Getting the best quality

Taking a high quality photo

is the first step in making your prayer card, magnet or display unforgettable. Here are some tips for getting a great picture. More…

Digital Image Requirements

Now that you've got the photo you want to use, how do you send it? How do you know that what you're sending will work? More…

Design Ideas

If you'd like to see some current design samples, you can view our sample gallery. Keep in mind, every product we do is custom designed for you. We can use one of the samples you see as a guide for making your card, or you can simply tell us to use certain elements in your card. It's all about what you want. More…

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Photo Tips

Step One is to set your camera correctly. You'll want to use at least a 4 Megapixel camera set on the highest resolution possible. (The fewer pictures you can fit on your camera's disk, the higher the resolution will be when you take the photo.)

Step Two is to pick your time. If you're taking your photo outside (usually the best option) you don't want to take it when the sun is at its brightest (1-4 pm) as this will have a tendancy to wash out the colors in your picture. Morning or early evening usually provide softer, more pleasing lighting. Be sure to pick a time that fits well with your family schedule. You won't want to try to get your two year old to smile when he's tired and ready for a nap or hungry and wanting his lunch. That just won't be fun for anyone. Sometimes just taking a camera along on a family outing to the local park without making a big deal about it being prayer card photo time is the best way to photograph your family.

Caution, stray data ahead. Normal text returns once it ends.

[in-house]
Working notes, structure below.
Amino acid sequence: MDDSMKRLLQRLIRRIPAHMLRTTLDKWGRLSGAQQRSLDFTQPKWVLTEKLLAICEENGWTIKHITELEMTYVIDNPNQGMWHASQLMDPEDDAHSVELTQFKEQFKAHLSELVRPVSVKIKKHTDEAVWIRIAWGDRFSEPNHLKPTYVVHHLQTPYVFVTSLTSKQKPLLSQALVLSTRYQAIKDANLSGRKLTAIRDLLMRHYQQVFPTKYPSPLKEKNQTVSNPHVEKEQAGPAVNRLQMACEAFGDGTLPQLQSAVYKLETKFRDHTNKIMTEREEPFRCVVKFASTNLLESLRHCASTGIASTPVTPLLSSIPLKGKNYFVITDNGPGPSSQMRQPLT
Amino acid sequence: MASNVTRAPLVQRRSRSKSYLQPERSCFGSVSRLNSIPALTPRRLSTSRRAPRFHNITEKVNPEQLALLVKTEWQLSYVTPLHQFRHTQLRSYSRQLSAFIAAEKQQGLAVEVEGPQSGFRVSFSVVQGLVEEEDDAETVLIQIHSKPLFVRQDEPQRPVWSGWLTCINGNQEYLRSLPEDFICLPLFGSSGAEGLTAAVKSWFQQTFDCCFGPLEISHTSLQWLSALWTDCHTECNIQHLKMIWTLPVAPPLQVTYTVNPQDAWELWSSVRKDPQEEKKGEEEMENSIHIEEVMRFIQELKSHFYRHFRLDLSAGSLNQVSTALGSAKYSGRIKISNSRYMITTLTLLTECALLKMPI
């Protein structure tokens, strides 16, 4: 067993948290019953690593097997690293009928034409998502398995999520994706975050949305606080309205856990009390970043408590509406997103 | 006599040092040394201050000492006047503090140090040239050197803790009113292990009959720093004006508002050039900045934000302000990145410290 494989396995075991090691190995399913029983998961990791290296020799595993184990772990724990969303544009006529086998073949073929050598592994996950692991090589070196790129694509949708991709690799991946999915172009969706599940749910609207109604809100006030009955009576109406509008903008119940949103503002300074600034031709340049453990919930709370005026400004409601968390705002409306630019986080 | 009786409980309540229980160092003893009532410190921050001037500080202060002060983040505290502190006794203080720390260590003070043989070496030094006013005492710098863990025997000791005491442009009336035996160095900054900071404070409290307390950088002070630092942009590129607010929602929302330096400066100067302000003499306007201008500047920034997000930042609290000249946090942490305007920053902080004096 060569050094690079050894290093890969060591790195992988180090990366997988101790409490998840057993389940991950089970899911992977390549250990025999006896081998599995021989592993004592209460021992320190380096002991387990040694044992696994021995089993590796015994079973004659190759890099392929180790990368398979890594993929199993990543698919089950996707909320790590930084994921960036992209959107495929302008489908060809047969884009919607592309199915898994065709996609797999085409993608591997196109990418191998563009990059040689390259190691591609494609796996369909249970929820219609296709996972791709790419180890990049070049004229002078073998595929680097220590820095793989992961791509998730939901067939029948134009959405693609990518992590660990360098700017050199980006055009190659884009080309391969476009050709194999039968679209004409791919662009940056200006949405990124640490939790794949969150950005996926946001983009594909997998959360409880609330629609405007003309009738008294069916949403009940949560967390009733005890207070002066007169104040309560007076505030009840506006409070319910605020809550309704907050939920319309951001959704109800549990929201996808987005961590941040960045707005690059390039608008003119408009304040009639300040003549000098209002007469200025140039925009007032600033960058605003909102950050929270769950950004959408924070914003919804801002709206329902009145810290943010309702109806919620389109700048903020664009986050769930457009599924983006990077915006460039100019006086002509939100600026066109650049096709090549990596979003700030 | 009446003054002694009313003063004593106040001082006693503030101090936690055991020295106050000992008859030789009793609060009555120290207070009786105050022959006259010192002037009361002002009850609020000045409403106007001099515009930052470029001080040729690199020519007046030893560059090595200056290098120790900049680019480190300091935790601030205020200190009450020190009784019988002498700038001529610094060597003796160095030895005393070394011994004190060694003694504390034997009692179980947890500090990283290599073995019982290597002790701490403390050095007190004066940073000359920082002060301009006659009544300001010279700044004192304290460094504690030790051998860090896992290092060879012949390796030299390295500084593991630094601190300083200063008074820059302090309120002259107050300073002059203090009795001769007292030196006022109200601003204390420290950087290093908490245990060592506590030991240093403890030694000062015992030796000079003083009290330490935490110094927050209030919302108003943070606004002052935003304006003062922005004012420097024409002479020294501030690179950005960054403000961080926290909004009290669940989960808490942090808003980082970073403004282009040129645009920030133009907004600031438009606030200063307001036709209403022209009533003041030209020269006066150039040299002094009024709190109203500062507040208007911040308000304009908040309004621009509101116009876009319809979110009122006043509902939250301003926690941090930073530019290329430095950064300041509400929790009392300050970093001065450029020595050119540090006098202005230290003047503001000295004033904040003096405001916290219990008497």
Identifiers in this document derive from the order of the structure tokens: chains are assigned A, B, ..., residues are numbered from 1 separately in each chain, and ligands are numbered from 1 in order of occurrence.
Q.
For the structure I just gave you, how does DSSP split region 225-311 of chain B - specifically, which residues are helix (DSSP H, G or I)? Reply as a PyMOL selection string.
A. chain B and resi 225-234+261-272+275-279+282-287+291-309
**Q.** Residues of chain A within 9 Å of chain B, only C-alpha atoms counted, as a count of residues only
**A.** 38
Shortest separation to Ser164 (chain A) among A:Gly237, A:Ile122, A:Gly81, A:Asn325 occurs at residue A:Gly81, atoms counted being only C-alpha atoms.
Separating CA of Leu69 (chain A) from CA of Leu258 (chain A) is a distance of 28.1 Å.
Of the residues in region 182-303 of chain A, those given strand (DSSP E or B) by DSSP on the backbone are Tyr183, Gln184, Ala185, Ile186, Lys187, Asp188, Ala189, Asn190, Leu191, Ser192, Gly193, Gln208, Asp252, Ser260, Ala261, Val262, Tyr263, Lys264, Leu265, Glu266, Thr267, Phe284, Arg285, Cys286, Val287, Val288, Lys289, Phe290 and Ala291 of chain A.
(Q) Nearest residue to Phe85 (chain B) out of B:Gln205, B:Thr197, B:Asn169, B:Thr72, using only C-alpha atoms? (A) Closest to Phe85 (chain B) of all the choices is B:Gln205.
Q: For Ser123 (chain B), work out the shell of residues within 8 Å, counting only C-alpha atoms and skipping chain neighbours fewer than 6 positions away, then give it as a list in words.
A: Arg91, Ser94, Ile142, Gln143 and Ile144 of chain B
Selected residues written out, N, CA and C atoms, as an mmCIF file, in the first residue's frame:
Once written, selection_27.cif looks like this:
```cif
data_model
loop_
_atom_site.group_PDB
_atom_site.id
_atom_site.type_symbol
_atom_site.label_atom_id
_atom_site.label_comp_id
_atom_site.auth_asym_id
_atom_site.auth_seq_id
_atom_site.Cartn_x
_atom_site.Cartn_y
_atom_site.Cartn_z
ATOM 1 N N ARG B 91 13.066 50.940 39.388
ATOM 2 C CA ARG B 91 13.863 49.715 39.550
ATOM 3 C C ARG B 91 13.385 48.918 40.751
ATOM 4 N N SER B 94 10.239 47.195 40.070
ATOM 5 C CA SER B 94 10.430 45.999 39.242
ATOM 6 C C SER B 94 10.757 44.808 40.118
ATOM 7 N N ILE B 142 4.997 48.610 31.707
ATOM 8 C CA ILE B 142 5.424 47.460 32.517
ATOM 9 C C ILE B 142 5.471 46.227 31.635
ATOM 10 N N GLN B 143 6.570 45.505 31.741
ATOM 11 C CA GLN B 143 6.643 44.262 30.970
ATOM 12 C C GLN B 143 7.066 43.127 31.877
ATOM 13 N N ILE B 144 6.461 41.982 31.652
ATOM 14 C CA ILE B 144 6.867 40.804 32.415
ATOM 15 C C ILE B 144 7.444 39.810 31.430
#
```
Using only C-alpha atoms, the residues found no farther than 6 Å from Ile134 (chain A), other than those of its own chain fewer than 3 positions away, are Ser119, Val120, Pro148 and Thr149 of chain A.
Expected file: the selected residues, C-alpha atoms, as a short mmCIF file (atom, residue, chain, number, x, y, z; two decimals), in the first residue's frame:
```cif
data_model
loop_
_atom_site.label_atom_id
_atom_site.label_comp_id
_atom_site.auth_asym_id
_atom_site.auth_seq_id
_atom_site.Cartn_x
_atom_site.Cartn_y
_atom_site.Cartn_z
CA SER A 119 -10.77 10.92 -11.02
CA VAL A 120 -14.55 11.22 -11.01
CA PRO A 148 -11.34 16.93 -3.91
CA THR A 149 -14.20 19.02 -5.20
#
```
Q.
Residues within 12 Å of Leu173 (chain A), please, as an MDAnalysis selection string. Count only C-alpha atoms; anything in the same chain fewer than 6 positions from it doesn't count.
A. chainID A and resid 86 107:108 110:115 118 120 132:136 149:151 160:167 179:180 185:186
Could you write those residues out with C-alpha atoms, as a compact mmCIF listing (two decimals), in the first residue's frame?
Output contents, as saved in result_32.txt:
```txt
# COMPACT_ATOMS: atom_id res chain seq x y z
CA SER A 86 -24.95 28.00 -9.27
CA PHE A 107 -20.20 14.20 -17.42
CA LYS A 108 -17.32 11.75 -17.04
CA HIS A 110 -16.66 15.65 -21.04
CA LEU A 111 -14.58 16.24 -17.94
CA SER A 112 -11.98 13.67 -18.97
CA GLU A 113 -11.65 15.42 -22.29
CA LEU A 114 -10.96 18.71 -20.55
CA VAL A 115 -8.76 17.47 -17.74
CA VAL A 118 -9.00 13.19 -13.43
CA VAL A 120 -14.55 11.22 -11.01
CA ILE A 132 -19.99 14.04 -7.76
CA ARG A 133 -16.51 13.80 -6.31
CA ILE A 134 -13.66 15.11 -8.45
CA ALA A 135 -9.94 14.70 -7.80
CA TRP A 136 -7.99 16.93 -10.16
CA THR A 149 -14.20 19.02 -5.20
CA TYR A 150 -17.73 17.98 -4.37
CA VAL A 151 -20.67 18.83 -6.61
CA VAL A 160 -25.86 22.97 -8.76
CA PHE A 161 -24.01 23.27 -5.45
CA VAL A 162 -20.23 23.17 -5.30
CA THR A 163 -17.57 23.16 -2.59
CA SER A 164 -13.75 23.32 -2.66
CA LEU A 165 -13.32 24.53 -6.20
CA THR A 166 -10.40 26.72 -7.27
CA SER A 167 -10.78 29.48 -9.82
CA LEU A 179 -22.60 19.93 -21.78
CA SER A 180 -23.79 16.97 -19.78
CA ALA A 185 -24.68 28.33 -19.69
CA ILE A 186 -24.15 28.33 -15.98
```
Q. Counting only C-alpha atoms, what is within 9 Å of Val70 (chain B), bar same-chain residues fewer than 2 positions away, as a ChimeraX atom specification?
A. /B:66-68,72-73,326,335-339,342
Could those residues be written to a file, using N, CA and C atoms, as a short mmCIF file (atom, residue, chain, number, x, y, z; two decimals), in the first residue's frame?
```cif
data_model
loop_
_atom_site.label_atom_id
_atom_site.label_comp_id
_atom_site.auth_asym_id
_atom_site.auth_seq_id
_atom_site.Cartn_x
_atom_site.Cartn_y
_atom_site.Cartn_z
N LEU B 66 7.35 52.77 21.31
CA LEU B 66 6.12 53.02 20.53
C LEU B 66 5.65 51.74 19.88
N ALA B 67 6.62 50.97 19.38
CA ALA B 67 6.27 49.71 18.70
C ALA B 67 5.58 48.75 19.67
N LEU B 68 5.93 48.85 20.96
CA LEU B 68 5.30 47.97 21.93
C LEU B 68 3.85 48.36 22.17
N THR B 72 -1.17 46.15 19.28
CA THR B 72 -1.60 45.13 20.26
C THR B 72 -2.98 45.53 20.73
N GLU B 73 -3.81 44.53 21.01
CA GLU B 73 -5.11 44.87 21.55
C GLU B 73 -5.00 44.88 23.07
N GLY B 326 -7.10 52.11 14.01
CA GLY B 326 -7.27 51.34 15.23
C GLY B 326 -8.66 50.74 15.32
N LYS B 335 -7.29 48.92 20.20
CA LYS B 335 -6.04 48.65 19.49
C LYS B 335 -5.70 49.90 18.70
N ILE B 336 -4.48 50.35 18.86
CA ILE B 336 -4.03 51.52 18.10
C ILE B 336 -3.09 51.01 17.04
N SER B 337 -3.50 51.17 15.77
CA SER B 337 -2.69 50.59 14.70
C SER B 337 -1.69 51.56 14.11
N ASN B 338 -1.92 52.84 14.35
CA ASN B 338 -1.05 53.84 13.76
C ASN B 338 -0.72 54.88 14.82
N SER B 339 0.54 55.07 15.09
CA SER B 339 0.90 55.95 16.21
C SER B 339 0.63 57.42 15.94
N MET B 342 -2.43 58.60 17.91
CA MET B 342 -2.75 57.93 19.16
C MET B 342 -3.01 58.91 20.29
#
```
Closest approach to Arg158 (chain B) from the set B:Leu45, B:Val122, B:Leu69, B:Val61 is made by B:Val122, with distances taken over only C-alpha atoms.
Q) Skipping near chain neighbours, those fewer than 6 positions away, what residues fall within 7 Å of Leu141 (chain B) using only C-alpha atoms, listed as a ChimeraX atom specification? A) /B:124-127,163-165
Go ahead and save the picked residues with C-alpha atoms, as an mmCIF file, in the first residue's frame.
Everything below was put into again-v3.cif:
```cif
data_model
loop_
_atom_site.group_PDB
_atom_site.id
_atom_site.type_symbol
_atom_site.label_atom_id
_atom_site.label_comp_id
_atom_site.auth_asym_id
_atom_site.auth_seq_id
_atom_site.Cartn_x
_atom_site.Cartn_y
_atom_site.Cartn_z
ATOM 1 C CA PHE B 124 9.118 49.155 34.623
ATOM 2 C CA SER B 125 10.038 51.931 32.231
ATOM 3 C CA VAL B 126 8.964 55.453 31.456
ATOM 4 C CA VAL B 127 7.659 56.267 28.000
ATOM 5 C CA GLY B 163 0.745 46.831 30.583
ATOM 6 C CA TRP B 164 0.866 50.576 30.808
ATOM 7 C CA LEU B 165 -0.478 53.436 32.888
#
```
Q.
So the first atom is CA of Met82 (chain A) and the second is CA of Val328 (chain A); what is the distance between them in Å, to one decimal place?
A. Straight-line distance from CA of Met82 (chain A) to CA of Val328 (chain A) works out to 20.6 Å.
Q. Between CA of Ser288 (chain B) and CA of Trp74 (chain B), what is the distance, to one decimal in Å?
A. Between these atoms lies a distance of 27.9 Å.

Step Three, plan your clothing. Nice strong colors make a photo vibrant. Light pastels have a tendancy to wash out to almost white and often wash out the person's face who is wearing it. Having one or two patterned pieces of clothing in a photo with 4 or more people can lend interest. Remember though, what you see in the photo when you take it is not all that will be on the card. A very busy photo only gets busier when you try to add text.

Step Four, arrange your family. The best photos usually have families grouped close together. If the kids are young (and short) they may need to stand on something to bring their faces up closer to Mom & Dad's faces. When 6'4" dad is standing behind 2'6" son, there's only so close we can zoom in before we loose the top of Dad's head or all of Junior's body. A good rule of thumb is to try to keep the top of the lowest head within 12 inches of the chin of the highest head.